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HMRC internal manual

Inheritance Tax Manual

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HM Revenue & Customs
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Business interests: Property consisting of a business or a business interest

The first category of relevant business property (IHTM25141) is ‘property consisting of a business or interest in a business’, IHTA84/S105 (1)(a). This includes property such as a sole trader’s business and a partner’s share in a partnership carrying on a business. It can include situations where land occupied by the business was settled property (IHTM25243) and the transfer is on a death.

We had previously considered that the property must consist of a business as a whole or a share or interest in such a business, and that transfers of individual assets were not included, whether they were included in the business or just used in the business. However, in the case of HMRC v Trustees of the Nelson Dance Family Settlement [2009] EWHC 71 (Ch), the High Court found that land and buildings transferred into trust was ‘relevant business property’.

Refer any transfers of value where this case is relied on to Technical. (Note also that there are special rules for partnerships (IHTM25250)).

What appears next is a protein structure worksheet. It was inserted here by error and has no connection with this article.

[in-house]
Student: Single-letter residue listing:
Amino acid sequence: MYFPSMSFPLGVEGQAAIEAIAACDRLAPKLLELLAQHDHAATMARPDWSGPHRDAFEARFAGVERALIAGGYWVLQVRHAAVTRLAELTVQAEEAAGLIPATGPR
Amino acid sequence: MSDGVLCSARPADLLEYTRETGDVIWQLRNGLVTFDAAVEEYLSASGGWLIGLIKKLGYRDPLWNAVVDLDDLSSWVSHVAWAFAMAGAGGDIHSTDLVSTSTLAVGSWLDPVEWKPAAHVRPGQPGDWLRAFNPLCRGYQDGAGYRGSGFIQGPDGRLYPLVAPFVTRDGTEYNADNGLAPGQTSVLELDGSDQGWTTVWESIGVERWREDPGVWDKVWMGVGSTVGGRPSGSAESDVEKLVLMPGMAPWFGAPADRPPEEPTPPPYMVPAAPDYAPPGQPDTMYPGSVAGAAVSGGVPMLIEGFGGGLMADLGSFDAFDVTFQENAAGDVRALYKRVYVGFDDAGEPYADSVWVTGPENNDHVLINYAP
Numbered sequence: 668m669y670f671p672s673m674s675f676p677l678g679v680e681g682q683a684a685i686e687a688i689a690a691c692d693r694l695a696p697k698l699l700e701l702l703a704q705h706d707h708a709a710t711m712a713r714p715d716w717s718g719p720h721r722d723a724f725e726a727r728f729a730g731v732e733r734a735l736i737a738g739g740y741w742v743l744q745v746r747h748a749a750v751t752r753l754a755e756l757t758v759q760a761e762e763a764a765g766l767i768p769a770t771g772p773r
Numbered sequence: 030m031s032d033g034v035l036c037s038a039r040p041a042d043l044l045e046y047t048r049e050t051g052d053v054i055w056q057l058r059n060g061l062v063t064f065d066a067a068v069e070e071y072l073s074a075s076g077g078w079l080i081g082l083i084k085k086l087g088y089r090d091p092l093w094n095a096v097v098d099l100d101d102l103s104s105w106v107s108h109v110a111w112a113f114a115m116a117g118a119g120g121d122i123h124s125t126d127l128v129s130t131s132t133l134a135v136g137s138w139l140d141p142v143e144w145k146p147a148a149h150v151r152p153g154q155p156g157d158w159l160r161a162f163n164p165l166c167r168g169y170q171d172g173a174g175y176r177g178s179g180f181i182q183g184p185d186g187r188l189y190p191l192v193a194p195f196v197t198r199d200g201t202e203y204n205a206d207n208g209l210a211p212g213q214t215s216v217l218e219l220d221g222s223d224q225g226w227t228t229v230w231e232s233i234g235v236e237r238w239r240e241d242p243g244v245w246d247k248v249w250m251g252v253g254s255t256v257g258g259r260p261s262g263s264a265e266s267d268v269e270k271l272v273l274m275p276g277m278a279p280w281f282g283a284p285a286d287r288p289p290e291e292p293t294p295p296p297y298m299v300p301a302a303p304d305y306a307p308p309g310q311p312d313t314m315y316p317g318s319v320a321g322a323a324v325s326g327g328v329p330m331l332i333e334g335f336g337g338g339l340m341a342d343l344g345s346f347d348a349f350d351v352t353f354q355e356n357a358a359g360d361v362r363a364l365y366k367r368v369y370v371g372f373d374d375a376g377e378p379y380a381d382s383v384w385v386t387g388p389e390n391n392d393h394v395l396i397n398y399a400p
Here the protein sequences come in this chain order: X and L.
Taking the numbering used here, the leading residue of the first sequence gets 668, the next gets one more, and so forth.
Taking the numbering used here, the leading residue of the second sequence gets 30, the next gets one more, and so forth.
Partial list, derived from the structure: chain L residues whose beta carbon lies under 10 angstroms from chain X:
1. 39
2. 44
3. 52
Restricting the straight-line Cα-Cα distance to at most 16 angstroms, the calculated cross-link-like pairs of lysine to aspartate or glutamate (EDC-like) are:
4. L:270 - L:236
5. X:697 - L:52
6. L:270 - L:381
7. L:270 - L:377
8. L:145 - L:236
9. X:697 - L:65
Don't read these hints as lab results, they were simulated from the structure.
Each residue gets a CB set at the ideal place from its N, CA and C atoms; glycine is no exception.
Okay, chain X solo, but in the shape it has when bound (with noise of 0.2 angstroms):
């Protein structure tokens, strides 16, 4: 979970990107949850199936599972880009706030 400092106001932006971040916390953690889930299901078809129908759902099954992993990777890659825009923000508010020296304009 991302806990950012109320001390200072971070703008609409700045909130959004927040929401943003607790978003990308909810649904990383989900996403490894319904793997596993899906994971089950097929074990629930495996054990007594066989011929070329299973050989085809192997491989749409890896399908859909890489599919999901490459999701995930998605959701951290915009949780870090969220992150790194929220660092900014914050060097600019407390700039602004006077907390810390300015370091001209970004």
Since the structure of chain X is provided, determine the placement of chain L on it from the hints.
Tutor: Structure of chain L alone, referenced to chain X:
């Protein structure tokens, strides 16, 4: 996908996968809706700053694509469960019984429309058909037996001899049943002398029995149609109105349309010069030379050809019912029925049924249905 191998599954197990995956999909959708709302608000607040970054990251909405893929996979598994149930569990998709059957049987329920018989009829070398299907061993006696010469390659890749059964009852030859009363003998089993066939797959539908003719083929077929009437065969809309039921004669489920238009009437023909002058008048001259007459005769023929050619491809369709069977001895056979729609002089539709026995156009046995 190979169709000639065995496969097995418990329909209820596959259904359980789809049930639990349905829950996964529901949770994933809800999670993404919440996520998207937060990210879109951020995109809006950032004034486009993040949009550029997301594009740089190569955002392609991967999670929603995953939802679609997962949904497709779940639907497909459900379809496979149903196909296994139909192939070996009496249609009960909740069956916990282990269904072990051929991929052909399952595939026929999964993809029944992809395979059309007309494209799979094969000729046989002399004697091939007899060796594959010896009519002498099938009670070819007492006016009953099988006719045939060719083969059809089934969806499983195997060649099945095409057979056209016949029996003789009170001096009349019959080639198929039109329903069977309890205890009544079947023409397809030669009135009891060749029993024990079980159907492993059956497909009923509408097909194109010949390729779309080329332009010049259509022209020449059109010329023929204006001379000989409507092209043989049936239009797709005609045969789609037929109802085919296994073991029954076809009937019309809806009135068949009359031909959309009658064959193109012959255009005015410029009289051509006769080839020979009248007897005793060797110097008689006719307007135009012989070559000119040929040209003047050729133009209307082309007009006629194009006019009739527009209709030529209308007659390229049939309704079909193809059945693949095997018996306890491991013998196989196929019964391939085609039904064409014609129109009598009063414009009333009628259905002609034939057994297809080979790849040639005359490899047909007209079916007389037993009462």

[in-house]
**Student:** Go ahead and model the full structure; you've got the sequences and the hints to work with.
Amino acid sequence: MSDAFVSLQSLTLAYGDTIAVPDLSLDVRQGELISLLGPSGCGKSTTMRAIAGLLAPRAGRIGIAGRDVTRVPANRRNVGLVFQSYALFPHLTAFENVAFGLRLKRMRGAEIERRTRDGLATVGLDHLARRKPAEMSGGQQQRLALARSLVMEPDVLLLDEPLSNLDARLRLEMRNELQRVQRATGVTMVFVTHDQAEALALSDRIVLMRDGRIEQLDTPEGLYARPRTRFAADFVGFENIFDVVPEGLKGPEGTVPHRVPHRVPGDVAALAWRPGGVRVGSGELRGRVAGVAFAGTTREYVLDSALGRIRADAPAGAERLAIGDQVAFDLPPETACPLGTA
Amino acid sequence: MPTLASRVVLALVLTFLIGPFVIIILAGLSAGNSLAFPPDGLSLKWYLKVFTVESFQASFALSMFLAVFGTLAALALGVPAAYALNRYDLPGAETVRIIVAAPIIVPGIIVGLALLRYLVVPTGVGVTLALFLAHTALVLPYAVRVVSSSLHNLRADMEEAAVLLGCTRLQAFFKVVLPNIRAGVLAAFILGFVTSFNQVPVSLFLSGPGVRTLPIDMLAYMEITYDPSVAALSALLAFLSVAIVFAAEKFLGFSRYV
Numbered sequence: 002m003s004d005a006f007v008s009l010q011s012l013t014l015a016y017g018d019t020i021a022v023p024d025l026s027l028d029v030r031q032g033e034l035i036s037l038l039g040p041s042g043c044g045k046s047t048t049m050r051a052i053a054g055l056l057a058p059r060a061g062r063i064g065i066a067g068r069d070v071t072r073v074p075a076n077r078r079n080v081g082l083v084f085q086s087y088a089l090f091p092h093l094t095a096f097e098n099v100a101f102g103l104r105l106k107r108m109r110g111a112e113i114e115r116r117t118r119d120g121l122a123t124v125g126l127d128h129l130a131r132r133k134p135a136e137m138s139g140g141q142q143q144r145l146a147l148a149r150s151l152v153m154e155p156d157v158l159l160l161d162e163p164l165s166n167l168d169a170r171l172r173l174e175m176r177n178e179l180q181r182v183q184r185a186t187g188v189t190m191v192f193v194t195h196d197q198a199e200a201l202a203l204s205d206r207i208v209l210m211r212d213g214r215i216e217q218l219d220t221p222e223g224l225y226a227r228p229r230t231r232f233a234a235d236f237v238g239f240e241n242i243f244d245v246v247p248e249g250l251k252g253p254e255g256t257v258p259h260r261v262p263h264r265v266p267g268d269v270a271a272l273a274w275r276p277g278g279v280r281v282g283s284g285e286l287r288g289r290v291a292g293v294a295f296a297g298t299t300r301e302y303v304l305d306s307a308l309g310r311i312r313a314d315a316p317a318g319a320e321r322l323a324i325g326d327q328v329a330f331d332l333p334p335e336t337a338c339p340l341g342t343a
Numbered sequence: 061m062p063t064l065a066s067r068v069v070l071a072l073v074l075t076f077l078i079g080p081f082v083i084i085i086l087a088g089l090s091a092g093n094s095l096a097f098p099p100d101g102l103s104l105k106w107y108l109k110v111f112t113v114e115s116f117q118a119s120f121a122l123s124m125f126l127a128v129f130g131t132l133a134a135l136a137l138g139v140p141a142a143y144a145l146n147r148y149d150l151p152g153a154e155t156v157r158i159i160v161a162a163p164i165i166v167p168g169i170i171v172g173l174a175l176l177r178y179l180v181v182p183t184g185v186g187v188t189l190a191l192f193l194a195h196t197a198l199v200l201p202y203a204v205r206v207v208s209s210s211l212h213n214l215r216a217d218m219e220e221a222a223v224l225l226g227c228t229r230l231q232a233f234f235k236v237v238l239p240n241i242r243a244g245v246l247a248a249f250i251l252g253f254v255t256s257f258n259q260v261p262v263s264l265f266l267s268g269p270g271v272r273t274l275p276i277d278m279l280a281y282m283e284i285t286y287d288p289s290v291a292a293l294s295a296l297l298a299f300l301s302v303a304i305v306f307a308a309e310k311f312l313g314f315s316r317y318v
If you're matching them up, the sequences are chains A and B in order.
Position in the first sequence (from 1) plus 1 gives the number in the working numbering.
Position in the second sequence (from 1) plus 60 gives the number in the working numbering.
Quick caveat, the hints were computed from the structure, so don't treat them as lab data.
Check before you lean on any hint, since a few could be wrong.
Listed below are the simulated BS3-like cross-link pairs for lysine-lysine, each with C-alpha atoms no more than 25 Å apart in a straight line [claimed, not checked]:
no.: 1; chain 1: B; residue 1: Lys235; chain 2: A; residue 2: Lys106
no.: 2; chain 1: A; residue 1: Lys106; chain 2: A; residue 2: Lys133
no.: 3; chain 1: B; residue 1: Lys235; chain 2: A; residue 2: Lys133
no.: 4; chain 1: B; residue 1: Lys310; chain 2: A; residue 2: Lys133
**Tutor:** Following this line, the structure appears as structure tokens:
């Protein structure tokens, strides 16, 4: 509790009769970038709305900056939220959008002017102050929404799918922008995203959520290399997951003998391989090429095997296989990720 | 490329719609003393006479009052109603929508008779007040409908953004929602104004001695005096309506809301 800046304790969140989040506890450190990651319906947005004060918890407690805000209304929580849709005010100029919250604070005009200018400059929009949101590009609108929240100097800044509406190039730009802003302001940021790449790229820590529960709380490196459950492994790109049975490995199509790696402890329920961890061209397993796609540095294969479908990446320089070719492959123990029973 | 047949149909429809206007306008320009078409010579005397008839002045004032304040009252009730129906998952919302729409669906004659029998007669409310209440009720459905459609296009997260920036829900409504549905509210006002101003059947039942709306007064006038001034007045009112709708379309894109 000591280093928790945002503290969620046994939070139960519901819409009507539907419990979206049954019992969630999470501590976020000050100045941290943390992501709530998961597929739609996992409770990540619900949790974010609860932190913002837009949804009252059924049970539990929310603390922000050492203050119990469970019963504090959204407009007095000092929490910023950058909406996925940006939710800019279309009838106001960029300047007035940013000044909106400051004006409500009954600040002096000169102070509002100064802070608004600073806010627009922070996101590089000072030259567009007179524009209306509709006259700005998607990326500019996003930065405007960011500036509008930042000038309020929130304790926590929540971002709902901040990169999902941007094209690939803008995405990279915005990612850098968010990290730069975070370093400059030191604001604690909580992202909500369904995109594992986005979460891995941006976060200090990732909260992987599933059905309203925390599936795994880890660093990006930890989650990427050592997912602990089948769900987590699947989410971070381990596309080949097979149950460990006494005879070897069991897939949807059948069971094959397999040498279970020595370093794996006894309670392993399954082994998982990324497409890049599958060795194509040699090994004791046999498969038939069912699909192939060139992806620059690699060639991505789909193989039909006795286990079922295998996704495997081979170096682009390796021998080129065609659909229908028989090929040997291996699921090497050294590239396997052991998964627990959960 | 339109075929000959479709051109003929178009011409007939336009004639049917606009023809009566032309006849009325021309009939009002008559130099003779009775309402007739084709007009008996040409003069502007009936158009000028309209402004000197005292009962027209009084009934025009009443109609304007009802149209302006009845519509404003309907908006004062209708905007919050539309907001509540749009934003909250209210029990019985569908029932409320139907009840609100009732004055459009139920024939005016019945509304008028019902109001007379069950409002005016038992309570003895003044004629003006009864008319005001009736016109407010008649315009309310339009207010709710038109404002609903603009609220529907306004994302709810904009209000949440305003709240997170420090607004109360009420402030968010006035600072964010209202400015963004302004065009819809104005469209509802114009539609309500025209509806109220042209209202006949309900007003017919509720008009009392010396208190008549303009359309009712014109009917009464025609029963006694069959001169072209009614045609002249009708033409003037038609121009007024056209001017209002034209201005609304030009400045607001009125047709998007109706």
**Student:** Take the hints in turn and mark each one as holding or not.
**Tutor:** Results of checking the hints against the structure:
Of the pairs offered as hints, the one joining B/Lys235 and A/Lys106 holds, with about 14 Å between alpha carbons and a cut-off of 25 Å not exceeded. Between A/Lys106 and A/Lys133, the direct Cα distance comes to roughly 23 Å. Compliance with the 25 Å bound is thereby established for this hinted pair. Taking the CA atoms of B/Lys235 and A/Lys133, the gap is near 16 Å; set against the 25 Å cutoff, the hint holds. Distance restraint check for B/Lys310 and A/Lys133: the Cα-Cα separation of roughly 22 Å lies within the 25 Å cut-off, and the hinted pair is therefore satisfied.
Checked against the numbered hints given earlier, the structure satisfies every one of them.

If the transferor owned an asset used in another person’s business, it is not within IHTA84/S105 (1)(a):

Example

Gerald’s estate includes property occupied by Sanjay for the purposes of Sanjay’s business. Gerald has no interest in the business. The property cannot qualify for business relief on Gerald’s death under IHTA84/S105 (1)(a) (and it does not qualify under any of the other paragraphs of IHTA84/S.105 (1)).

On a partly-exempt transfer of a whole business, relief may be available for chargeable specific gifts of part only of the assets of the business (the transfer of the remainder of the business being exempt).

Is there a business?

Normally it is clear whether there is ‘property consisting of a business’.  Occasionally it is not clear and, in cases where a significant amount of tax is at stake, you should investigate what activities were carried out in the course of the purported business to establish whether a business, in fact, exists.

In the VAT case Commissioners of Customs & Excise -v- Lord Fisher [1981] STC 238 at page 245 Gibson J identified six indicators, some or all of which should be satisfied to identify an activity or activities as a business. These indicators are equally applicable as a test for Inheritance Tax. He said a business will exist where the activity

  • is “a serious undertaking earnestly pursued” or “a serious occupation, not necessarily confined to commercial or profit-making undertakings”
  • is “an occupation or function actively pursued with reasonable or recognisable continuity”
  • has “a certain measure of substance as measured by the quarterly or annual value of . . . supplies made”
  • was “conducted in a regular manner and on sound and recognised business principles”
  • is “predominantly concerned with the making of … supplies to consumers with consideration”
  • and whether those supplies “are of a kind which, subject to differences in detail, are commonly made by those who seek to profit by them”.